I have wrestled and gone a full twelve rounds with my own angel in writing this. How does one express indignation, hopefully of a righteous quality, in a fully Quakerly sense? Am I making too much of this? Am I making not enough of it? Will my words wound, rather than correct? Discerning that, yes, this needs to be said, I have proceeded. But seeking to spare feelings, I have sought anonymity and vagueness whenever possible as regards specific details.
My life seems to take one of two leadings these days. While following the first leading, I channel my inner George Fox. Something is wrong here! This is not the way it needs to be! How dare you! I become very consumed with setting people right. Perhaps I may even border on self-righteousness. On the second path, I am more diplomatic. I give people the benefit of the doubt. Seeking that of God in everyone, I strain and search for that very thing. Or failing that, I keep in mind what Elvis Costello noted. "Oh, I used to be disgusted, but now I try to be amused."
This weekend, the life of a Friend in both senses of the word was formally memorialized. Two weeks before, he died suddenly while exercising. He was not yet thirty. The suddenness of his death was a complete shock to many of us, myself included. The family wished that we might incorporate Quaker worship into the Memorial Service. Though held inside a Catholic church at a Jesuit University, the service was a blend between Catholicism and mainstream Christianity, though most of it was filled with vocal tributes from those who knew him in life. Ten separate speakers (I counted) were featured, after which the service was to conclude with fifteen or so minutes of unprogrammed worship. I know this because the suggestion was my own, albeit with the feedback of many Friends who gave wise council.
I now need to pull back slightly from the narrative to provide an adequate back story. Those of you who know anything about Washington, DC, culture know that Georgetown University has long had a stellar academic reputation. Along with this reputation comes a lofty, patrician attitude of old money and older connections. When my friend chose to enroll, he was in effect following in a well-established family line of high achievers. Yet, he was probably one of the most self-effacing, modest, unprepossessing people I have ever had the great fortune to know. The most profound irony of all was that in death, only in death, I realized that his talents and skills held no bounds. The phrase Renaissance Man is often overused, but in this context, it could not be more suitable or fitting. He had the money, the name, the pedigree, but never once made mention of it in any of our conversations.
Attitudes of some of those gathered indirectly and sometimes directly contradicted my Friend's memory. For whatever reason or another, many of those who were previously scheduled to speak all had some greater connection to Georgetown. This was to be expected, I suppose, considering the location of the service. When it came time for silent worship, I was literally praying that it would be truly silent. I was hoping that it would not turn into, as so many Memorial Services become, a popcorn meeting, with a hefty dose of verbal competition mixed in to the meld. My intention in arranging this portion of the service, writing most of the description that explained unprogrammed worship to those in attendance, as well as relying on the sound advice and experience of other Friends in so doing was to make sure that those who were not Quaker might really get a chance to see the virtues of silent worship.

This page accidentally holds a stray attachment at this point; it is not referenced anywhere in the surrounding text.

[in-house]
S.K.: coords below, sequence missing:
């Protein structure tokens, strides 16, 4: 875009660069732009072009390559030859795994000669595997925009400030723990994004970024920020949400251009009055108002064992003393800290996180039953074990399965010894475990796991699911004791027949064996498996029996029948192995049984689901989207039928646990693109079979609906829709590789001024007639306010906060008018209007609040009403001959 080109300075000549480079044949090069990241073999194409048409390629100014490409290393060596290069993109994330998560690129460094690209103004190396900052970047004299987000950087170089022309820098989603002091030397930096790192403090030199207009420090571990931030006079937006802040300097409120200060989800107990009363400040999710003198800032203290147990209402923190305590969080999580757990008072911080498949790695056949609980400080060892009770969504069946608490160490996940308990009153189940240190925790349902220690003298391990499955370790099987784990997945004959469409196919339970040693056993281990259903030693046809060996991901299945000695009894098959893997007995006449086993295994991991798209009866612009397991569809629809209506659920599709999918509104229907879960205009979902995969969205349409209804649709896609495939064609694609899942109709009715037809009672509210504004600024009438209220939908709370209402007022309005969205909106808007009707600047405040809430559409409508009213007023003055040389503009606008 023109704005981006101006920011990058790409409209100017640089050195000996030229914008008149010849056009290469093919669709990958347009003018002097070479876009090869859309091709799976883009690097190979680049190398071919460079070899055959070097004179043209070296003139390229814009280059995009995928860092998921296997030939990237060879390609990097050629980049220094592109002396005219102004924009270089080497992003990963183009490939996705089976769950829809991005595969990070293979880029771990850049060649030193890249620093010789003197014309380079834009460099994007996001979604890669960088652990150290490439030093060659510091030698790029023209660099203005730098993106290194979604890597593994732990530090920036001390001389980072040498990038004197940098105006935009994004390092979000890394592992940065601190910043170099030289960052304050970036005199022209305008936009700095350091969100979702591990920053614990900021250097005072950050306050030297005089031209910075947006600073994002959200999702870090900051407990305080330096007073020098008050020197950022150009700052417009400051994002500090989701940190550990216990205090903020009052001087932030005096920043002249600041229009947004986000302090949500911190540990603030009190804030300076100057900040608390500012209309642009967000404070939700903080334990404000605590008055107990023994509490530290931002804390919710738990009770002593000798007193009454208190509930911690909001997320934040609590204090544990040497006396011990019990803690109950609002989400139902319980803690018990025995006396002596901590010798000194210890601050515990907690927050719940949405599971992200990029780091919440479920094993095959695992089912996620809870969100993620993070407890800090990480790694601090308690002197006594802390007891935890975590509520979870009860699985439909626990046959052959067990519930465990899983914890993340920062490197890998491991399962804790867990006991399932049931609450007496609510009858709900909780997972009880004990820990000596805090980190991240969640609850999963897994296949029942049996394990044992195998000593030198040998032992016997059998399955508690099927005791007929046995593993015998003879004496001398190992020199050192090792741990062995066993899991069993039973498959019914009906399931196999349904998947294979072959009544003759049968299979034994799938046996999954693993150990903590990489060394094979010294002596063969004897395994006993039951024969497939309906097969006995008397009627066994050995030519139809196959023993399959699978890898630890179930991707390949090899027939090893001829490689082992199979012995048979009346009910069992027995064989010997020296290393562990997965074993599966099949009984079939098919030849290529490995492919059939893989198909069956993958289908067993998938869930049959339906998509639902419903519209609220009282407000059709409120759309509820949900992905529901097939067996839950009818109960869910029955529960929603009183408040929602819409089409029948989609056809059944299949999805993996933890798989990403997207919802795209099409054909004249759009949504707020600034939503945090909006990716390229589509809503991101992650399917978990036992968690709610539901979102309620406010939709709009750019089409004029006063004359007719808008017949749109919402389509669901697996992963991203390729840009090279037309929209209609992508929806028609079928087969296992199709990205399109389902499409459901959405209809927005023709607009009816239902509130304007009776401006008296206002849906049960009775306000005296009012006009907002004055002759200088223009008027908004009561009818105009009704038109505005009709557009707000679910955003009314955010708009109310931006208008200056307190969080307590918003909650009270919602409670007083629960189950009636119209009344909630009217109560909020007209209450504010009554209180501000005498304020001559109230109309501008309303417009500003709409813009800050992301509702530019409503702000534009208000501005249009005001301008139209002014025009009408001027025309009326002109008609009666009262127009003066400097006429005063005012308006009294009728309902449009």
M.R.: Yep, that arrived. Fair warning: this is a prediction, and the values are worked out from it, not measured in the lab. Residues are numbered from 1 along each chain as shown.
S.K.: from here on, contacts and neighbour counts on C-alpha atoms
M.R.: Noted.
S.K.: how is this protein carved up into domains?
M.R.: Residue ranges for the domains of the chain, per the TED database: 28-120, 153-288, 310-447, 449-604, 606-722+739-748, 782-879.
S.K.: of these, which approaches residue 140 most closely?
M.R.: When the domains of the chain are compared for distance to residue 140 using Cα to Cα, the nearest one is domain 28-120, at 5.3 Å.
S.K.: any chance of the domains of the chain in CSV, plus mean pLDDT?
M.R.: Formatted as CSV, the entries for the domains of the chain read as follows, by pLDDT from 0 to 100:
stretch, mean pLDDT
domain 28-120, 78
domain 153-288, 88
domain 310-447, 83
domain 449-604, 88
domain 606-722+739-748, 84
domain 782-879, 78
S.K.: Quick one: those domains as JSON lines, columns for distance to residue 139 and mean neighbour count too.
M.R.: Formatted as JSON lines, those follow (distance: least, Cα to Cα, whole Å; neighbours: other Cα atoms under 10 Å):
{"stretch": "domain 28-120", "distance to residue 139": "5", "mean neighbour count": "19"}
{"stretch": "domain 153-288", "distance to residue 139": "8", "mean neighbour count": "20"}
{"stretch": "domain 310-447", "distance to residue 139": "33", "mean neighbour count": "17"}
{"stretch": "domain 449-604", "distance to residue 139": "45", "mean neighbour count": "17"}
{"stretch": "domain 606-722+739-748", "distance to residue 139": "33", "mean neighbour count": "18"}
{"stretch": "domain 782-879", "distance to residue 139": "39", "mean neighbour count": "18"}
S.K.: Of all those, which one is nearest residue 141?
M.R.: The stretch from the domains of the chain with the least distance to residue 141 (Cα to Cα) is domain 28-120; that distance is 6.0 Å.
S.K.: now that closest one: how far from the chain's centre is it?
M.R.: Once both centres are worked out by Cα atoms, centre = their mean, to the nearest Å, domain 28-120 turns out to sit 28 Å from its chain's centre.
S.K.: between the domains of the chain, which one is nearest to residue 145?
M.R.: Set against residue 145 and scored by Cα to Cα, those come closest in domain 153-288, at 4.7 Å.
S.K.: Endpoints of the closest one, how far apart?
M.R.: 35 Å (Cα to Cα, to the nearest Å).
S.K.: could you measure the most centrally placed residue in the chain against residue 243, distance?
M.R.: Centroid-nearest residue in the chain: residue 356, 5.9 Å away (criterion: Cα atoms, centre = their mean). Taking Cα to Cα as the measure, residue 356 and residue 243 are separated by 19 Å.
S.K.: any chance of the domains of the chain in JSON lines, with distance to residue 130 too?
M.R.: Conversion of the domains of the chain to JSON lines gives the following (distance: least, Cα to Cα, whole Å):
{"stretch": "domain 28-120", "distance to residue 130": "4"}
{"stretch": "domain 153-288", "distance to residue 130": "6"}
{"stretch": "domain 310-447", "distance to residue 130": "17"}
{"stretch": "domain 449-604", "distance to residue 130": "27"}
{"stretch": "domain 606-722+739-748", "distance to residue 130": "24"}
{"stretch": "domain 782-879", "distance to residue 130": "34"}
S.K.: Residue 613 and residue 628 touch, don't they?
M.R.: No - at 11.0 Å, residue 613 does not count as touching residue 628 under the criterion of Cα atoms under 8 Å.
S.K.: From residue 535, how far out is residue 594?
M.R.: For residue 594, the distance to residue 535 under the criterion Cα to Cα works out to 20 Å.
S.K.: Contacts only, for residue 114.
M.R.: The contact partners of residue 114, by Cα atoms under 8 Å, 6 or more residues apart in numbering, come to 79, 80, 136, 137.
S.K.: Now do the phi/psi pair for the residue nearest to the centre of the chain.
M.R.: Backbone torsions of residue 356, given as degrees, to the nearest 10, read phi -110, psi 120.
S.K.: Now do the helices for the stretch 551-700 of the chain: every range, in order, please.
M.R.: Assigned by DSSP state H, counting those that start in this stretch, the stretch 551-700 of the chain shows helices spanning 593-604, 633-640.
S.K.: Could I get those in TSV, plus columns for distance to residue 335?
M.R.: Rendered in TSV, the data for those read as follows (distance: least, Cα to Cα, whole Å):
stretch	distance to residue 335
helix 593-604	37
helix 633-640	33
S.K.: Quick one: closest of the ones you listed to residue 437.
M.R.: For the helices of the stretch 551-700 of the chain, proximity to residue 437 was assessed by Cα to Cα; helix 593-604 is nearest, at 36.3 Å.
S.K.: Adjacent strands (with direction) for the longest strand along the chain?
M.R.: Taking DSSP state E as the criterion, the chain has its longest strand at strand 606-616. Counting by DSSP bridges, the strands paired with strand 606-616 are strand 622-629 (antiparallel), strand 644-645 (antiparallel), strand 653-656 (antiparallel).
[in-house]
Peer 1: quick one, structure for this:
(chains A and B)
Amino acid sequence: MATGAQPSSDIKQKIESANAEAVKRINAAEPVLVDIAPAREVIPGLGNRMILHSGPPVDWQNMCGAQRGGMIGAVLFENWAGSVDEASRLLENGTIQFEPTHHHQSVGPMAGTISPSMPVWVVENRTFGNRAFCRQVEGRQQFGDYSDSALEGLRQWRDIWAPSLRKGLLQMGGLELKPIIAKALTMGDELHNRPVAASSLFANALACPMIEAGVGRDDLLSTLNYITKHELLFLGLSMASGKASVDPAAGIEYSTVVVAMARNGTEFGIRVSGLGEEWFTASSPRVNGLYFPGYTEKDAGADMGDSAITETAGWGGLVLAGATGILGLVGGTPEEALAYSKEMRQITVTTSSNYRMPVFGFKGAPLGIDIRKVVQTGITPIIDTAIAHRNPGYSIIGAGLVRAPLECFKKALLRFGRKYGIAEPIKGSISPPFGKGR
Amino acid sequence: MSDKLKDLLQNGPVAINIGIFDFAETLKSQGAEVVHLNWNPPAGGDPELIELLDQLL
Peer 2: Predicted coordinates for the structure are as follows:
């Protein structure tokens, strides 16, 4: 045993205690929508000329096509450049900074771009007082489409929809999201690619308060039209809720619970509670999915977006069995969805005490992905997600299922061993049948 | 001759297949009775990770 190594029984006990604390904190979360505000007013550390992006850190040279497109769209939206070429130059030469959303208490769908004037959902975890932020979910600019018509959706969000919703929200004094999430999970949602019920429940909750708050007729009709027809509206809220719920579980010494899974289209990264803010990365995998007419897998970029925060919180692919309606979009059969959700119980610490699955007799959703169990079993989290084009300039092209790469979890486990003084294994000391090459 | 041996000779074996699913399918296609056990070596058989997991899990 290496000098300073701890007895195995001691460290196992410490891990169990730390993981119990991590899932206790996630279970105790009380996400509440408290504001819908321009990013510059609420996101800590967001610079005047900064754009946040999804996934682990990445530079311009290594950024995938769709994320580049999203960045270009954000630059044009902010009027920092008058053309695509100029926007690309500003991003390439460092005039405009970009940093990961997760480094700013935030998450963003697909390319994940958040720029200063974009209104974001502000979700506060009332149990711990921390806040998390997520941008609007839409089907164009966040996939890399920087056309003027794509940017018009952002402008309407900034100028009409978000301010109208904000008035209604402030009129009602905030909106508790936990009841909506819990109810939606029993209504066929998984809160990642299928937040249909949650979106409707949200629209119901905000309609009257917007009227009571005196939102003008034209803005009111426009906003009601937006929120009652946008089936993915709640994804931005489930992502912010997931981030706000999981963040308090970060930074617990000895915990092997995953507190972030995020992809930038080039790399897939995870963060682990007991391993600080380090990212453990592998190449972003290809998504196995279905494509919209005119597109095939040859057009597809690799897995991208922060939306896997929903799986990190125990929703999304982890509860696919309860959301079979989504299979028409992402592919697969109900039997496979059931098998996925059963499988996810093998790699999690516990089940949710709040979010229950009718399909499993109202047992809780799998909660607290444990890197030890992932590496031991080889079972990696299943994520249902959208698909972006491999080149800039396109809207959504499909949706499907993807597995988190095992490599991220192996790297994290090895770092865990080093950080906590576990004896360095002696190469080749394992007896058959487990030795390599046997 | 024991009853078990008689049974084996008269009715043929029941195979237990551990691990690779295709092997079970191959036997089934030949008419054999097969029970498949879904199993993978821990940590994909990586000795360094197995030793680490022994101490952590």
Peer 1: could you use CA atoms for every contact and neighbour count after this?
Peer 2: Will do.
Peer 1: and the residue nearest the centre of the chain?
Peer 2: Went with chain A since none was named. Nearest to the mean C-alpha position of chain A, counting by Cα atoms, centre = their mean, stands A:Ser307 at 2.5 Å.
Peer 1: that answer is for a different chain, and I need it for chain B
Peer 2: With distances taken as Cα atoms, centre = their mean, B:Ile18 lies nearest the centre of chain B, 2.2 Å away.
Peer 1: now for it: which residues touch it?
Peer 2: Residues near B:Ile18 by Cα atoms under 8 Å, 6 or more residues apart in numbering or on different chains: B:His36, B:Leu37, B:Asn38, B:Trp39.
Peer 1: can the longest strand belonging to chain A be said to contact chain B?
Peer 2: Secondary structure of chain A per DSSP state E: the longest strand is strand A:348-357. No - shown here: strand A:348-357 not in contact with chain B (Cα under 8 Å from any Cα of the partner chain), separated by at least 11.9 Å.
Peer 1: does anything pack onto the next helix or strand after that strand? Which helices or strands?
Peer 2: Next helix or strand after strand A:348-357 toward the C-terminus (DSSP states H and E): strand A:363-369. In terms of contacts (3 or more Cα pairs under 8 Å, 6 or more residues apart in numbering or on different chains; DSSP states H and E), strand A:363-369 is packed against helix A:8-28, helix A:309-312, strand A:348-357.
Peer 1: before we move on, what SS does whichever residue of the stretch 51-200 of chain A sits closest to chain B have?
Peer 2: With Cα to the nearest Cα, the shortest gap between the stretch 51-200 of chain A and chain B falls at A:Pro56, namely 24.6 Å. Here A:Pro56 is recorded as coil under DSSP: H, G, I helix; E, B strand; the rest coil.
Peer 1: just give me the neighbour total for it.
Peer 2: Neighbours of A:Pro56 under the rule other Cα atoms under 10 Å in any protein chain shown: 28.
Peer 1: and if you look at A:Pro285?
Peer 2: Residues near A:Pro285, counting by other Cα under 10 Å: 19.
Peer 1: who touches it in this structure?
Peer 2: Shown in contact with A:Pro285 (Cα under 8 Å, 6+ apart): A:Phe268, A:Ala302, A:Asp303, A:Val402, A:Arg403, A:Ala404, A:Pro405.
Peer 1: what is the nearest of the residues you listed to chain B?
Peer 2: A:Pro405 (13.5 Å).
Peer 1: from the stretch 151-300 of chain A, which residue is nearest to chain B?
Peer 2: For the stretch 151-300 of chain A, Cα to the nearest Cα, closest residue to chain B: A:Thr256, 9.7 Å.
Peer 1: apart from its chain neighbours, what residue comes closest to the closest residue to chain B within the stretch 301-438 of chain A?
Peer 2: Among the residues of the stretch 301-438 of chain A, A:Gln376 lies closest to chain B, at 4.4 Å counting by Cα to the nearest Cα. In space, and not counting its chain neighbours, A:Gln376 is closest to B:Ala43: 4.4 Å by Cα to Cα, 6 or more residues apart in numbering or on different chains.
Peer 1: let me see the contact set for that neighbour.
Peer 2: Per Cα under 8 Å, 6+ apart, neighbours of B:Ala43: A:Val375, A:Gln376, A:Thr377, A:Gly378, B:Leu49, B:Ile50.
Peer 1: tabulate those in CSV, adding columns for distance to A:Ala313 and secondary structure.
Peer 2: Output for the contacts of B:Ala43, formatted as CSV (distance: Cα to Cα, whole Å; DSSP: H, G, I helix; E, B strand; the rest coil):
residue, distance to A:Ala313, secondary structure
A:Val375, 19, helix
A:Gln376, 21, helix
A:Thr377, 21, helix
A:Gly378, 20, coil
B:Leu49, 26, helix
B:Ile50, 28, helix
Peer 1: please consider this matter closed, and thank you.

My Friend attended a local Friends' school for high school, and former teachers may have decided that silent worship meant their right to voice their own private, unscripted eulogy. Predictably, what transpired wasn't very silent. I don't think ten seconds elapsed before someone was on his or her feet, talking again. Fifteen minutes or so later, the Father leading the service made a wise decision to bring worship to a close after the fifth speaker finished speaking. Whether by intention or design it had turned into Friends School v. Georgetown. Nothing anyone said was objectionable, except by the fact that this was specifically meant to be worship, with a correspondingly heavy emphasis on silence. That fact was printed clearly inside every order of service.
And once again, here was my inner George Fox, this time channeling Jesus.
"When you pray, don't be like hypocrites. They like to stand in synagogues and on street corners to pray so that everyone can see them. I can guarantee this truth: That will be their only reward."
But then I think to myself, "You're really being too harsh." Perhaps they got caught up in the moment. These speakers did have very moving things to say about him and his family, after all. Maybe it didn't go as planned, but it was a still a lovely service. One can't control everything. And that is true. It was a very moving, very thoughtful tribute to a life taken too soon. Those who spoke clearly were trying to speak about the dearly departed, not themselves, though sometimes even in speaking of others we are still speaking honestly of ourselves.
It's not what was said that bothers me so much. It's factionalism, rivalry, subtle one-upsmanship, and self-importance that gets to me. It's people who might take no small offense that I do not doff my metaphorical hat in their presence. Once there was an unwillingness to put on airs and dress up speech to perpetuate hierarchy and inequality. But thou, when thou prayest, enter into thy closet, and when thou hast shut thy door, pray to thy Father which is in secret; and thy Father which seeth in secret shall reward thee openly.
My Friend lived this example and many others. But if his life speaks from beyond the grave most, it is in this verse of Scripture from Proverbs: "Pride ends in humiliation, while humility brings honor".